Innovations like these could ease the pressures of construction costs that are worsening the housing shortages in some parts of the country. Even Jeff Buczkiewicz, president of the Mason Contractors Association of America, acknowledged a role for robots.

“The machines will never replace the human,” Mr. Buczkiewicz said. “They will help down the road and they will make it that we won’t need as many workers, but given the shortages we’re seeing now, that’s probably a good thing.”

But he added, “There’s a human element to a craft that you don’t get from a robot.”

(click here to continue reading Bricklayers Think They’re Safe From Robots. Decide for Yourself. – The New York Times.)

You should click through read the story if you can, there are some fun images and gifs of robots and bricklayers at the NYT website.

The Real Is What Works
The Real Is What Works

Plan for 51-story at 110 N Wacker Drive tower hits obstacle

General Growth - Chicago River
General Growth – Chicago River

I’ve walked past 110 N Wacker Drive, aka the General Growth Properties building, f/k/a the Morton Salt Building hundreds or even thousands of times, and I can’t say I was ever flabbergasted by its beauty.  ¯\_(ツ)_/¯ 

A planned 51-story tower on Wacker Drive has run into an unexpected obstacle that could halt the high-profile office development: the U.S. Army Corps of Engineers.

The federal agency has informed the developers, Chicago’s Riverside Investment & Development and Dallas-based Howard Hughes Corp., that the project will have an “adverse effect,” since the plan requires demolishing an architecturally significant building along the Chicago River.

The five-story building on the site at 110 N. Wacker Drive, currently the headquarters of mall landlord GGP, is not landmarked but is eligible for placement on the National Register of Historic Places, according to a public notice by the Army Corps of Engineers.

Because of that, the agency’s Chicago District will solicit public input through Dec. 14 about the planned demolition before determining the development’s fate.

The highly unusual snag comes just before the developers were expected to raze the building and begin replacing it with the 800-foot-tall skyscraper. The developers want to begin construction as soon as January, the public notice said. Plans call for more than 1.3 million square feet of office space, which is expected to command some of the highest office rents in Chicago.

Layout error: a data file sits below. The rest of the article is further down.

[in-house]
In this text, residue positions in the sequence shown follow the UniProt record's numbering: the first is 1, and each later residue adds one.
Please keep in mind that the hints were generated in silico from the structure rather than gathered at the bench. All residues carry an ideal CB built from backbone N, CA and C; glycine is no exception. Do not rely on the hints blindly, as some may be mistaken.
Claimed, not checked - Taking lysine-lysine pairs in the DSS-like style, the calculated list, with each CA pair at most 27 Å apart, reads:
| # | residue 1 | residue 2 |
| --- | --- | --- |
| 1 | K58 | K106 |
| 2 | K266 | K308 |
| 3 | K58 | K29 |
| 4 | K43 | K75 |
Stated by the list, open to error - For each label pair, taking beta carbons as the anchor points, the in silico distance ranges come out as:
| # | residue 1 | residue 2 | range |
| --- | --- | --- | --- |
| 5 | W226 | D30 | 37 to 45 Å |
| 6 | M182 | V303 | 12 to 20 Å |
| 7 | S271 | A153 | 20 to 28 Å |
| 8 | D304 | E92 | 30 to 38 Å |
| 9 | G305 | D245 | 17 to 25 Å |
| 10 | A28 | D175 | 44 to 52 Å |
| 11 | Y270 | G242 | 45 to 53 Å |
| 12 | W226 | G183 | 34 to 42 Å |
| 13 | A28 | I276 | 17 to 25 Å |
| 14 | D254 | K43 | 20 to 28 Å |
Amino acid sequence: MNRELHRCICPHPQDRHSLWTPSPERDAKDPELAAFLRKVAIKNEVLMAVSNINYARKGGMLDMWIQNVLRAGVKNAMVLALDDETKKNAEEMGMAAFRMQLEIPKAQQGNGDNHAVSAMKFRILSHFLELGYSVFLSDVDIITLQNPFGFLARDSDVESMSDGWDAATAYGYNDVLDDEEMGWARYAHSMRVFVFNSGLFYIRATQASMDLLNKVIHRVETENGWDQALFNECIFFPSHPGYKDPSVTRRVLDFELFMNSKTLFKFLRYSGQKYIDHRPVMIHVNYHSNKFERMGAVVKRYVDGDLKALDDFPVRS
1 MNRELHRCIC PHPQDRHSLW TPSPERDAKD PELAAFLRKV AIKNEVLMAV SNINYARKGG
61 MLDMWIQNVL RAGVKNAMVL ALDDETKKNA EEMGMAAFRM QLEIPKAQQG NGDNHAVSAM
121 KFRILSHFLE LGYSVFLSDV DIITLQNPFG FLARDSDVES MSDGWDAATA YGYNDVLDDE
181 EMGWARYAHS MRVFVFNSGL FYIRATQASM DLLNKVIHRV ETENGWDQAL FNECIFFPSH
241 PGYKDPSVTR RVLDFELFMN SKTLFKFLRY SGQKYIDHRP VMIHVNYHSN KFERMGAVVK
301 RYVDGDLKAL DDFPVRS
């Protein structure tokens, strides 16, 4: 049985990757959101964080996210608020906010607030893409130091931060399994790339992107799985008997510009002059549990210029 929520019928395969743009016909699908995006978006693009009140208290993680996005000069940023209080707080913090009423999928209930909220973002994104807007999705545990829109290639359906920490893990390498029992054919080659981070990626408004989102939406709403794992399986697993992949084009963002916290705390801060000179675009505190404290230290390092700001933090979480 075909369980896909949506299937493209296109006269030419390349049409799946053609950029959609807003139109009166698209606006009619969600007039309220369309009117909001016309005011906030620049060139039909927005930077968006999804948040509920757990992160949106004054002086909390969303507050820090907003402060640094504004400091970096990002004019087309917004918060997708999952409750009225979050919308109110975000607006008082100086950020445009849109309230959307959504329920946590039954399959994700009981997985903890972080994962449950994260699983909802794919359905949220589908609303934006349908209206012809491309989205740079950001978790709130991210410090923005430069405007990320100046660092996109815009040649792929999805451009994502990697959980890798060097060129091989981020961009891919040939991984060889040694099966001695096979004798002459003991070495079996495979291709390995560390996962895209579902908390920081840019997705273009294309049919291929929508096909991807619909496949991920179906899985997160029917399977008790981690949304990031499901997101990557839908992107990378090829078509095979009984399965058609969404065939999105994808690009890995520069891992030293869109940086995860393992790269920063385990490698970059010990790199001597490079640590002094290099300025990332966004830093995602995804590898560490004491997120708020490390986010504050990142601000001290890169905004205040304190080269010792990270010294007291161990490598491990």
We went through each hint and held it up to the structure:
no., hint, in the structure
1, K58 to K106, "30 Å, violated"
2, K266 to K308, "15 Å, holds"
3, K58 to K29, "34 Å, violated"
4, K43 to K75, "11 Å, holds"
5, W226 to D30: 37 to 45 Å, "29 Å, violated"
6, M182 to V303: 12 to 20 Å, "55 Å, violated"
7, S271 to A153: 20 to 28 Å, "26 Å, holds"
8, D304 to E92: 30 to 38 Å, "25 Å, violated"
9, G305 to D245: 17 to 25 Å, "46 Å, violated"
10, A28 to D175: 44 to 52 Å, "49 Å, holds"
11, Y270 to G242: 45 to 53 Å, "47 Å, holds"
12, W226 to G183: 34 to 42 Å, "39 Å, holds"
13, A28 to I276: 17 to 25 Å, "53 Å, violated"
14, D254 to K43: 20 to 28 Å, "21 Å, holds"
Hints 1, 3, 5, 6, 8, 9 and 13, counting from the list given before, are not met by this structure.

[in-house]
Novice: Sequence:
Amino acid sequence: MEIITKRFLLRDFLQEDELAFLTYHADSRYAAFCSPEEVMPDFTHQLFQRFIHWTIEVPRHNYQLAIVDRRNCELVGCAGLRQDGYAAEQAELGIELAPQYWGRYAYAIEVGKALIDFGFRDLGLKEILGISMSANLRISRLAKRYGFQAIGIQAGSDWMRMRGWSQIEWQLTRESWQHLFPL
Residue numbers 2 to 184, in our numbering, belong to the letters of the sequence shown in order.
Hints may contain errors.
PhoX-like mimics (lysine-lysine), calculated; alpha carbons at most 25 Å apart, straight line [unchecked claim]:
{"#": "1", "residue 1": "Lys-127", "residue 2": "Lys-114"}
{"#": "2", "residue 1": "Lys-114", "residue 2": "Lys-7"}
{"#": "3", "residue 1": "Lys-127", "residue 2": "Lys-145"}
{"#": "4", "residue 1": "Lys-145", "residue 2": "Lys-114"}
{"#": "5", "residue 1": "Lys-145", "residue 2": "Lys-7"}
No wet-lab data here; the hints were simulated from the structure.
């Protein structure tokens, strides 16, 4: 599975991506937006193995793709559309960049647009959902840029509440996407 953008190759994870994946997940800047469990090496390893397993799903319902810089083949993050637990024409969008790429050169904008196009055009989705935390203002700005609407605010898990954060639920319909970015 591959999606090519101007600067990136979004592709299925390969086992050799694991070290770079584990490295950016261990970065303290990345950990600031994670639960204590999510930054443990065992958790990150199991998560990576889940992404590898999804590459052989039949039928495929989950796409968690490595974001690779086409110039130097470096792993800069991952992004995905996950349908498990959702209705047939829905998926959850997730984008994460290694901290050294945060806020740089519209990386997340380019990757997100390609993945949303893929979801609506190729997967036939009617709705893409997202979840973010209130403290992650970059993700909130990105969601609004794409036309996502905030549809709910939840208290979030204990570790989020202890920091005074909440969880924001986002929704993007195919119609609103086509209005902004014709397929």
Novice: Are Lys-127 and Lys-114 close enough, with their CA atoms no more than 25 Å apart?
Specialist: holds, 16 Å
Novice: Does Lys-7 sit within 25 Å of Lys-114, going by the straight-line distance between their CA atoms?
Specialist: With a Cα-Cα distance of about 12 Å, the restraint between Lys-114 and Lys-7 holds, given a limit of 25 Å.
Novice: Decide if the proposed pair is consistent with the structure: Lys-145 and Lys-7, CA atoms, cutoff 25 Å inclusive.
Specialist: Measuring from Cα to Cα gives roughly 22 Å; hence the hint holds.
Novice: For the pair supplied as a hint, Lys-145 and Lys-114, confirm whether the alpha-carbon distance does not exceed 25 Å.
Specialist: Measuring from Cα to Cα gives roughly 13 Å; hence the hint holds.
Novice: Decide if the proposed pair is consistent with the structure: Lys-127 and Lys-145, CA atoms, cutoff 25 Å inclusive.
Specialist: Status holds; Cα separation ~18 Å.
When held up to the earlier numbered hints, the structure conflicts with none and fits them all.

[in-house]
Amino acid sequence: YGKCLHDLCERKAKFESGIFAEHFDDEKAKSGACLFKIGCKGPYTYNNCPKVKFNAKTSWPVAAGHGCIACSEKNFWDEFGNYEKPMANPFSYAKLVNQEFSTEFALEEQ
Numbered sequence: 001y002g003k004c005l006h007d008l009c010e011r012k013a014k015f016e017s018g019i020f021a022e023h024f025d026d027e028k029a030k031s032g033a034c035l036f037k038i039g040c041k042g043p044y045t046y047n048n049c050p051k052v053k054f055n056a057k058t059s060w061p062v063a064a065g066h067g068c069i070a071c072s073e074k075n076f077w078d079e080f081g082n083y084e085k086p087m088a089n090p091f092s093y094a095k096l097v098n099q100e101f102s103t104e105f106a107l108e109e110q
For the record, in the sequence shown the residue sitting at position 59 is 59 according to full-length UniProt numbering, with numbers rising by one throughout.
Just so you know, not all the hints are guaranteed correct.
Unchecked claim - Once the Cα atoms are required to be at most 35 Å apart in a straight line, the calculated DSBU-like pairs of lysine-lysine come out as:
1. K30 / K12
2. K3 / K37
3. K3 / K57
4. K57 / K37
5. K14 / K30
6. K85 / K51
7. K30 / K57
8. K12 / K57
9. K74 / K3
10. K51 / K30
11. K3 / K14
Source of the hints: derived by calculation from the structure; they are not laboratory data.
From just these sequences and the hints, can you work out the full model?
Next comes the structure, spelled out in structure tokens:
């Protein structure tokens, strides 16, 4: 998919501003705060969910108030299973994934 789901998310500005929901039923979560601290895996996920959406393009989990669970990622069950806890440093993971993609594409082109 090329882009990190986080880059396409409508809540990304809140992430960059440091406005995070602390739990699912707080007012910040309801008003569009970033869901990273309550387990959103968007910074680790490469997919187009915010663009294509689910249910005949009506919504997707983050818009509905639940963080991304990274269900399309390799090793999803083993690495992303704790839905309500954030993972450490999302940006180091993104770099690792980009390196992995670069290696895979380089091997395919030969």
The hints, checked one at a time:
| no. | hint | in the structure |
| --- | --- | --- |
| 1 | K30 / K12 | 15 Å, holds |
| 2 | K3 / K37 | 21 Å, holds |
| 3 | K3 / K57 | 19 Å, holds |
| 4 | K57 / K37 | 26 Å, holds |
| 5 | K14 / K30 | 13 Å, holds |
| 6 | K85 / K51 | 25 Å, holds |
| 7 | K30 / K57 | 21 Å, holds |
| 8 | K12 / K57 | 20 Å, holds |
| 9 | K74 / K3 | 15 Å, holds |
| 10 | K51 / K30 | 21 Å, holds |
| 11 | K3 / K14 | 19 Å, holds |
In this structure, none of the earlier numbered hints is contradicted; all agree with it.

The developers already received city approval for the project designed by Goettsch Partners. But they still need approval from the Army Corps because the project would include building a stormwater outfall structure, which is essentially a hole cut in the seawall to allow rainwater to flow from the tower’s roof into the river.

“The 110 North Wacker building project was the subject of an eight month public process leading to the granting of full zoning approval from the city of Chicago,” the developers said in an emailed statement. “To date, we have worked with the City Planning Department, Alderman (Brendan) Reilly and others to maximize the open public space, and architectural benefits for the city. We have been working through the permitting process with the U.S. Army Corps of Engineers and other statutory authorities and look forward to working collaboratively to deliver this exciting new building in the heart of Chicago.”

(click here to continue reading Plan for 51-story Wacker Drive tower hits obstacle – Chicago Tribune.)

General Growth - Blues
General Growth – Blues

I’d hazard a guess that demolition will occur early next year…